The Tent with the Satellite Dish, Please
We want to take the kids camping again this summer, because there are some kinds of suffering we didn’t get to experience last time.
We certainly covered the basics: unceasing heat; oppressive humidity; clouds of mosquitoes; unreliable access to adequate hygiene. But anyone can do that. We also knew that a complete camping experience includes not sleeping properly, a goal we accomplished by generating synergy among the weather, the uncomfortable sleeping surfaces and crowded tents with lousy air circulation. Of course we had experience upon which to draw: the previous camping excursion, four years before that, served as an important lesson in which mistakes were worth repeating and which were just a waste.
For example, our first night of the first trip saw us set up camp at a place billing itself as both a campground and a petting zoo. While we appreciated the unique gestalt of sleeping among piles of animal feces, we were the only ones camping there, so we missed the authentic experience born of tents crammed cheek-by-jowl with one another and the territorial and privacy violations that give rise to genuine shouting and, one can only hope, violence. Alas, the only disturbances came from the roosters, who get a real laugh out of humans who think the birds only crow at dawn. They do crow then, but only after practicing every twenty minutes through the night.
So the next night we righted that wrong and went to a different, more populated campground, where families tried to one-up one another with their tents-away-from home, monstrosities that actually feature separate rooms, yet fold up small enough to not fit in your trunk. However, we committed the error of paying for a little hut of our own instead of joining hoi polloi in the teeming mass of tents. Nevertheless, I made up for the unintentional comfort by forgetting some crucial cooking equipment where we had stopped for lunch, so I got to drive through unfamiliar territory in the dark, agonizing the whole time over possibly missing or stolen implements, while Mrs. Thag got to supervise the two boys and keep them from tearing apart the wicker hut.
In the end I retrieved the stuff and the kids more or less behaved, which meant we had to find somewhere with a greater capacity to induce misery. So, after an exhilarating hike during which our ten-month-old had a nasty run-in with a protruding tree branch, we contacted the place that had our reservation, only to be told that they recommended not coming, as they had a wasp infestation. While you might pity us for giving up such an opportunity, we ended up even more miserable than we thought possible: there were no other places to stay anywhere in the vicinity on such short notice; it was getting late; and we had to find a place to eat and set up camp, with no legal campgrounds available.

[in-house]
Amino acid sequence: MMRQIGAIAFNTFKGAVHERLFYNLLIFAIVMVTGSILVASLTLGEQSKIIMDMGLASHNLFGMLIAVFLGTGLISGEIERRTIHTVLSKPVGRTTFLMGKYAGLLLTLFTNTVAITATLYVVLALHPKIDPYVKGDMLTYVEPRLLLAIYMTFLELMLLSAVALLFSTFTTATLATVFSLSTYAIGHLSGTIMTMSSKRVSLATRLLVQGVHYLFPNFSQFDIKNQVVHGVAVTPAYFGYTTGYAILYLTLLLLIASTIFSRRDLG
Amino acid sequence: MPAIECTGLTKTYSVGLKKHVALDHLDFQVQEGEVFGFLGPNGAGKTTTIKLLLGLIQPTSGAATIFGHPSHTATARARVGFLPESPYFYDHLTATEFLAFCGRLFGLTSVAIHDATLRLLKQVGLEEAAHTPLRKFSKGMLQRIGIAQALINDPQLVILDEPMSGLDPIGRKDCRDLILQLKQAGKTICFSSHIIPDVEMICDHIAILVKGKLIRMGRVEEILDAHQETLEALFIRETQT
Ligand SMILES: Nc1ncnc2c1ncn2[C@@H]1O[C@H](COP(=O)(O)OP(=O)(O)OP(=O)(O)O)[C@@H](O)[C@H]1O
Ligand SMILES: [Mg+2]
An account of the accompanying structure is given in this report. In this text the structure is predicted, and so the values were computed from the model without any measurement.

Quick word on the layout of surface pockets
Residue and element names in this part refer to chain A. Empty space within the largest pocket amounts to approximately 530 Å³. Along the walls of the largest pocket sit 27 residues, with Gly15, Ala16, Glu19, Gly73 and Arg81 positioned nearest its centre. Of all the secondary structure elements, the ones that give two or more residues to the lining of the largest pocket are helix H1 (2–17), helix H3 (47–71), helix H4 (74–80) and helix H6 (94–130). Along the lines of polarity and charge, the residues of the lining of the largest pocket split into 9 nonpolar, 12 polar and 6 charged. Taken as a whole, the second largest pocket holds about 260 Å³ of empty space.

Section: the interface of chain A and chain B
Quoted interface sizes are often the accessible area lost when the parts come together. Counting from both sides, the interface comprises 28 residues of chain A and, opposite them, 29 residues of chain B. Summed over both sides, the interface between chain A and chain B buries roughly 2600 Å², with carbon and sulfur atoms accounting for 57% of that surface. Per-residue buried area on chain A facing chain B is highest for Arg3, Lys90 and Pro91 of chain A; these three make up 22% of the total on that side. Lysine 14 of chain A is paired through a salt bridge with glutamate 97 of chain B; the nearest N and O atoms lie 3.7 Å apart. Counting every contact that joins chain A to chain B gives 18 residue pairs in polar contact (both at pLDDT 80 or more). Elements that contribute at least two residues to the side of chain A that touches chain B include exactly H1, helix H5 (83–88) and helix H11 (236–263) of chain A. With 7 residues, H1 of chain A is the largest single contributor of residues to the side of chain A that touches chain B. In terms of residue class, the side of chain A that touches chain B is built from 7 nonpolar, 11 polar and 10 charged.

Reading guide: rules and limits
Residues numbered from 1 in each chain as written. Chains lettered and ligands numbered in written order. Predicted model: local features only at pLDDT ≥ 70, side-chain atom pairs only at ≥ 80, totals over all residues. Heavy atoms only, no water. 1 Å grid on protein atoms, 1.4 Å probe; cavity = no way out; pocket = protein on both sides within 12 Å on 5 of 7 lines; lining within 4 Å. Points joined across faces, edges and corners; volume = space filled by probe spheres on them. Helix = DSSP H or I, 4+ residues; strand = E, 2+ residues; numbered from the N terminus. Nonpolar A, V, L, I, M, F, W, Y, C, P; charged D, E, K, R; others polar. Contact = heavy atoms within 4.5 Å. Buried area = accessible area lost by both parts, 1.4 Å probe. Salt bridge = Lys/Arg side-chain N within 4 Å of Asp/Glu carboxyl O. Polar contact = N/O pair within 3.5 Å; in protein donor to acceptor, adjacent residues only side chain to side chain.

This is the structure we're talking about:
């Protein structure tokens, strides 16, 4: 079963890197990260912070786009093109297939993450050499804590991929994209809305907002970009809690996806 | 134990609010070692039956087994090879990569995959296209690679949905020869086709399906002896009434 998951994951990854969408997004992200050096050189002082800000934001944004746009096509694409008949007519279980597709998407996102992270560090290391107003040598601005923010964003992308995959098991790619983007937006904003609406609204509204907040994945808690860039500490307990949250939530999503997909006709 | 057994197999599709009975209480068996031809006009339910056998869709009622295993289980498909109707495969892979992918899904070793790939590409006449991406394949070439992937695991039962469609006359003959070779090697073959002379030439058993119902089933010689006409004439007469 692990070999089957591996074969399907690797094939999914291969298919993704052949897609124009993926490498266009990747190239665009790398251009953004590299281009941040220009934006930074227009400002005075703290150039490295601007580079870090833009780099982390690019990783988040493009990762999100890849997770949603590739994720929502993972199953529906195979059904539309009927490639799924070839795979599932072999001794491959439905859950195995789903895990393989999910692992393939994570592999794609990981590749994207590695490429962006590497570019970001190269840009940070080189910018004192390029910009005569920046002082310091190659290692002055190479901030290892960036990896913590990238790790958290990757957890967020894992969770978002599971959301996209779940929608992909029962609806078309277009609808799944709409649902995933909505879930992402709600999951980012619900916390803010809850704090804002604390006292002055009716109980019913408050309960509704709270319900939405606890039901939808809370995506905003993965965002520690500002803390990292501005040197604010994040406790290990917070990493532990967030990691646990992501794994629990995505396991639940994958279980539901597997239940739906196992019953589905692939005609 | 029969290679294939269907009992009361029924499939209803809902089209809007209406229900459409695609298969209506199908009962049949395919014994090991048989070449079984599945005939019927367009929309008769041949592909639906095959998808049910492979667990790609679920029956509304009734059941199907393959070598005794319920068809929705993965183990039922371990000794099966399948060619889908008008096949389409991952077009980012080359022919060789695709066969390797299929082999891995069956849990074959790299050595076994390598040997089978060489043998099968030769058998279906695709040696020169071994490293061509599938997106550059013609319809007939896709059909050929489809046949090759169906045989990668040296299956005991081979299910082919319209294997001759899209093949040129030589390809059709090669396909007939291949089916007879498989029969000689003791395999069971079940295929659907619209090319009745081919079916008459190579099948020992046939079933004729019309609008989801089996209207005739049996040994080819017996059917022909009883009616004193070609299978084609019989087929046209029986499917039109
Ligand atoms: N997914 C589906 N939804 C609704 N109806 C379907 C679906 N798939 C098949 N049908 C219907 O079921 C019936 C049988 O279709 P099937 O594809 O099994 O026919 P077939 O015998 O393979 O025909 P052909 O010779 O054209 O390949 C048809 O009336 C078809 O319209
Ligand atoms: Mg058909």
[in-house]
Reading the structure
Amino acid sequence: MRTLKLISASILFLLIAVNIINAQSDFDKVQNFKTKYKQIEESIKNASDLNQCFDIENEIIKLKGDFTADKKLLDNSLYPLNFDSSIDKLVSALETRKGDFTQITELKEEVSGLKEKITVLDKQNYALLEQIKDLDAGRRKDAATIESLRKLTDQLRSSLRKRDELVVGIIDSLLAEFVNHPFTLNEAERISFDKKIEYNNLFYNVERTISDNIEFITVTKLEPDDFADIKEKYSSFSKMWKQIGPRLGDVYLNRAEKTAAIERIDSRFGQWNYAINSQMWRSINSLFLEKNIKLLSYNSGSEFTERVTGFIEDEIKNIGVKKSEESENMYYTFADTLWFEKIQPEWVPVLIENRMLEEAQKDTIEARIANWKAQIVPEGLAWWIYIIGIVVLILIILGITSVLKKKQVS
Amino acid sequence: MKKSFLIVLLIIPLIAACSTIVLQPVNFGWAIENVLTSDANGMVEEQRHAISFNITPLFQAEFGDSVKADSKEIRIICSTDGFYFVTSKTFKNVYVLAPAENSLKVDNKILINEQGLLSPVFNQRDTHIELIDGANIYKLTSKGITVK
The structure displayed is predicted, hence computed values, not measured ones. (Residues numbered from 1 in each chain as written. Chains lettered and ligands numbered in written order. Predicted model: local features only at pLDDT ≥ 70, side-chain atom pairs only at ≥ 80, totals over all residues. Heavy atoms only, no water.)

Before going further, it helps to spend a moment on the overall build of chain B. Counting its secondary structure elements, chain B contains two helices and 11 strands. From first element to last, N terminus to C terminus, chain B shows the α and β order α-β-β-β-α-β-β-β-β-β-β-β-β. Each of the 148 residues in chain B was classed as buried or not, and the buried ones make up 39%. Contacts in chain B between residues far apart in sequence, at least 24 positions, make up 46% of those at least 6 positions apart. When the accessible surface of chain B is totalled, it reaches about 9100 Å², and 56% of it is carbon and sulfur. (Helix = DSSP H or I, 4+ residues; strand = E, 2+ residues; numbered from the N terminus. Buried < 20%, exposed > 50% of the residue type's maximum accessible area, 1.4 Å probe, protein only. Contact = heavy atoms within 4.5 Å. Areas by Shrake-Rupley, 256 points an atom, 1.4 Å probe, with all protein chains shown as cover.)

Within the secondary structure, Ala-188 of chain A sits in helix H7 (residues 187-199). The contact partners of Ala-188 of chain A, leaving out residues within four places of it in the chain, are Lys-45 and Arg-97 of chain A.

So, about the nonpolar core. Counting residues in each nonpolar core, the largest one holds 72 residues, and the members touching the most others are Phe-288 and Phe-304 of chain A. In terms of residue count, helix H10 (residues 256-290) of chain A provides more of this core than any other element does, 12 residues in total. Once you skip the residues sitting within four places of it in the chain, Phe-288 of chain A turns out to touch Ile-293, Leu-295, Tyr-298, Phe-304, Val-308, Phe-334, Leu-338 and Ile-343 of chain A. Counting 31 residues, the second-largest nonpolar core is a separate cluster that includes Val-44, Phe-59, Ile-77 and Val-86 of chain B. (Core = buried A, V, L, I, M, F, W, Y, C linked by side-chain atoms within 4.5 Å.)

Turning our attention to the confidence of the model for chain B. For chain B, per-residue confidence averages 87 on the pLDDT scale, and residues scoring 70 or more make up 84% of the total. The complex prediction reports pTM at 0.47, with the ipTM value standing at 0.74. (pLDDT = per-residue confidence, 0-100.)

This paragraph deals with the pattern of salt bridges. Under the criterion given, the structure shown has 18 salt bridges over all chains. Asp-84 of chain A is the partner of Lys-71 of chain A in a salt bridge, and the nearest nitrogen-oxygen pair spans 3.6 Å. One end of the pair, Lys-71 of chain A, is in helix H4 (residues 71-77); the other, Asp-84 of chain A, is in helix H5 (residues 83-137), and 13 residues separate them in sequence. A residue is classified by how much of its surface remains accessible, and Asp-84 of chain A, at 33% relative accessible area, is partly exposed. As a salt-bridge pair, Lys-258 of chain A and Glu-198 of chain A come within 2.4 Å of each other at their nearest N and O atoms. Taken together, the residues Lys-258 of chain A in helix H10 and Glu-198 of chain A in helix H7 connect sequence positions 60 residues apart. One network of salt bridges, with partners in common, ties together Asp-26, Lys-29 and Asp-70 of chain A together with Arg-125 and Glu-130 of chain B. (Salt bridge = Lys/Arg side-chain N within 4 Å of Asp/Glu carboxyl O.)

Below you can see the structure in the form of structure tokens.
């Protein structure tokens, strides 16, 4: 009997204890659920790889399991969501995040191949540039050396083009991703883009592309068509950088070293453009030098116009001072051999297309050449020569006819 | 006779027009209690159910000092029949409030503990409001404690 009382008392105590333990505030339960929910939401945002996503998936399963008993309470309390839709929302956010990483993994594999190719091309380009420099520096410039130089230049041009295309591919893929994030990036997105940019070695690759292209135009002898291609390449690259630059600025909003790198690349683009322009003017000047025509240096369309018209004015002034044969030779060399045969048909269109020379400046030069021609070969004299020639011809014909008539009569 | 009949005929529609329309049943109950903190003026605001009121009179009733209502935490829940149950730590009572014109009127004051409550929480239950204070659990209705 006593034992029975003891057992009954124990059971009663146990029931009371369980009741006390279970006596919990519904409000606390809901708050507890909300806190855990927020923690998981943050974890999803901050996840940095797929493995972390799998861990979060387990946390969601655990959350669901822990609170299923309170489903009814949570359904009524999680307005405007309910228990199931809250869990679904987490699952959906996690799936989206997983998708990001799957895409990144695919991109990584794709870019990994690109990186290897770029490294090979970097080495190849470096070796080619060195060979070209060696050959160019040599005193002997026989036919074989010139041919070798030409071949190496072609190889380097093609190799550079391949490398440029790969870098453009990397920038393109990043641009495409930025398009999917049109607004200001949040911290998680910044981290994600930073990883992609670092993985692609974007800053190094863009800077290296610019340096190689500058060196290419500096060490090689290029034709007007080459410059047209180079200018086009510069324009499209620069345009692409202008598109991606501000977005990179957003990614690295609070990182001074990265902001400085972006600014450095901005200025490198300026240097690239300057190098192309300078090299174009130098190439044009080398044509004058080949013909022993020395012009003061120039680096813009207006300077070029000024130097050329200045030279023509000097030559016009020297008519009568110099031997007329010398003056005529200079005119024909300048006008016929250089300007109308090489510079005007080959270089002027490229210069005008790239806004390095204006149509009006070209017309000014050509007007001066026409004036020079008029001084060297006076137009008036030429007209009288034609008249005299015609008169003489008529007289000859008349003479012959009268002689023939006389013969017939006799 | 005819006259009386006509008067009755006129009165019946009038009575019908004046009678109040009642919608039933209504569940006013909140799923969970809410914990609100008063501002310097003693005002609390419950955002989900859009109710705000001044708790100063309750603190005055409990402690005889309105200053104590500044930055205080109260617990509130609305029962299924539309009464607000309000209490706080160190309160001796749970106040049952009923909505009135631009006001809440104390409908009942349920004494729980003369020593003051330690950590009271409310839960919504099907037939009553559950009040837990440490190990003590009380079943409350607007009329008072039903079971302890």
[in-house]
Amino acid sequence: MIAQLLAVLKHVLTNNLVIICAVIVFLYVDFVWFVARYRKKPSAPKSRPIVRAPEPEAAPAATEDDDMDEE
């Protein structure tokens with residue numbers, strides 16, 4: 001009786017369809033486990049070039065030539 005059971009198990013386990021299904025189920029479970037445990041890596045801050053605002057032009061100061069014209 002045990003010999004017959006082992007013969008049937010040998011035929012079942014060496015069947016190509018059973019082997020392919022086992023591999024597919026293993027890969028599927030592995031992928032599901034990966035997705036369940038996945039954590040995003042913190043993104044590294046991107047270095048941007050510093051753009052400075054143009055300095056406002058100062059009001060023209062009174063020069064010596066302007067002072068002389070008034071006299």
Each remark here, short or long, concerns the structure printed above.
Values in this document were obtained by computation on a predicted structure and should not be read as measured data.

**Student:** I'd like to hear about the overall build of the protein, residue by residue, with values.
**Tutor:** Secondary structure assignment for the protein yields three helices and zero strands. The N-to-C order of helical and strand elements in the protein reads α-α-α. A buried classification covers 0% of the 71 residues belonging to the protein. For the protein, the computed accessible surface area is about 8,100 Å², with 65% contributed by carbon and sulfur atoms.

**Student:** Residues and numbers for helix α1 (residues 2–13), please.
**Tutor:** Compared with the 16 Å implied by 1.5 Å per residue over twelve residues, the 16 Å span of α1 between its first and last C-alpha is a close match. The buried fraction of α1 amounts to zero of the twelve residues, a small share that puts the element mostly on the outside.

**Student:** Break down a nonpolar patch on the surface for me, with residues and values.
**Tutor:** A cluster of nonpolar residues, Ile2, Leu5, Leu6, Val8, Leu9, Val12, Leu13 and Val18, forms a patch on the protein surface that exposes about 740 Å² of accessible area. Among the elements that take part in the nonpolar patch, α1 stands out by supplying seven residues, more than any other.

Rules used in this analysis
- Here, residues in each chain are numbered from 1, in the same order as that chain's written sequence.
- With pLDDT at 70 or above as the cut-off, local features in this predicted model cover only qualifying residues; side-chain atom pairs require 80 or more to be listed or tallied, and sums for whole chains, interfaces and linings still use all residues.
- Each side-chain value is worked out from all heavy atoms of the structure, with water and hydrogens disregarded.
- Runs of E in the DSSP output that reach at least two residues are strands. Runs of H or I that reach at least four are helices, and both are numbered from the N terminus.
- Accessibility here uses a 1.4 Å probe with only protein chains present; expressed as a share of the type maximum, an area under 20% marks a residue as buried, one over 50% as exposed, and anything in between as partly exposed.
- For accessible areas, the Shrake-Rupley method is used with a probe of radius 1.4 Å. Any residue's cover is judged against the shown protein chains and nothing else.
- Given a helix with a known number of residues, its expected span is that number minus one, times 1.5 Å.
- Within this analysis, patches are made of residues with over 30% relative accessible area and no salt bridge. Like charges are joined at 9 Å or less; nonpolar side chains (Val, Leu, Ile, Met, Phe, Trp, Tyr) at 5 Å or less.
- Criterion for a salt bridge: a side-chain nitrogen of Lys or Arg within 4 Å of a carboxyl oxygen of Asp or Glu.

We eventually decided to pull into the woods and pitch our tent a good bit away from the road, betting that no one with authority would happen by at just the right angle during the wee hours and shoo or fine us. Of course that meant getting tense at every sound of a passing vehicle on the nearby road, which was not conducive to sleep. Then there were these whooping sounds, which we thought were groups of marauding teenagers somewhere, and which we subsequently found out were packs of jackals. And of course, we knew we were close, but didn’t know exactly how close, to the border, beyond which were positions of terrorist guerillas who have yet to come to terms with our continued existence. Who needs wasps?
We knew we couldn’t match that fever pitch of anxiety on our next trip, but I did manage to go swimming with the car lock remote control in my pocket. It still worked afterwards, so we fear we may be cursed with only mild disaster.
Anyone, want to buy a portable fridge that doesn’t work?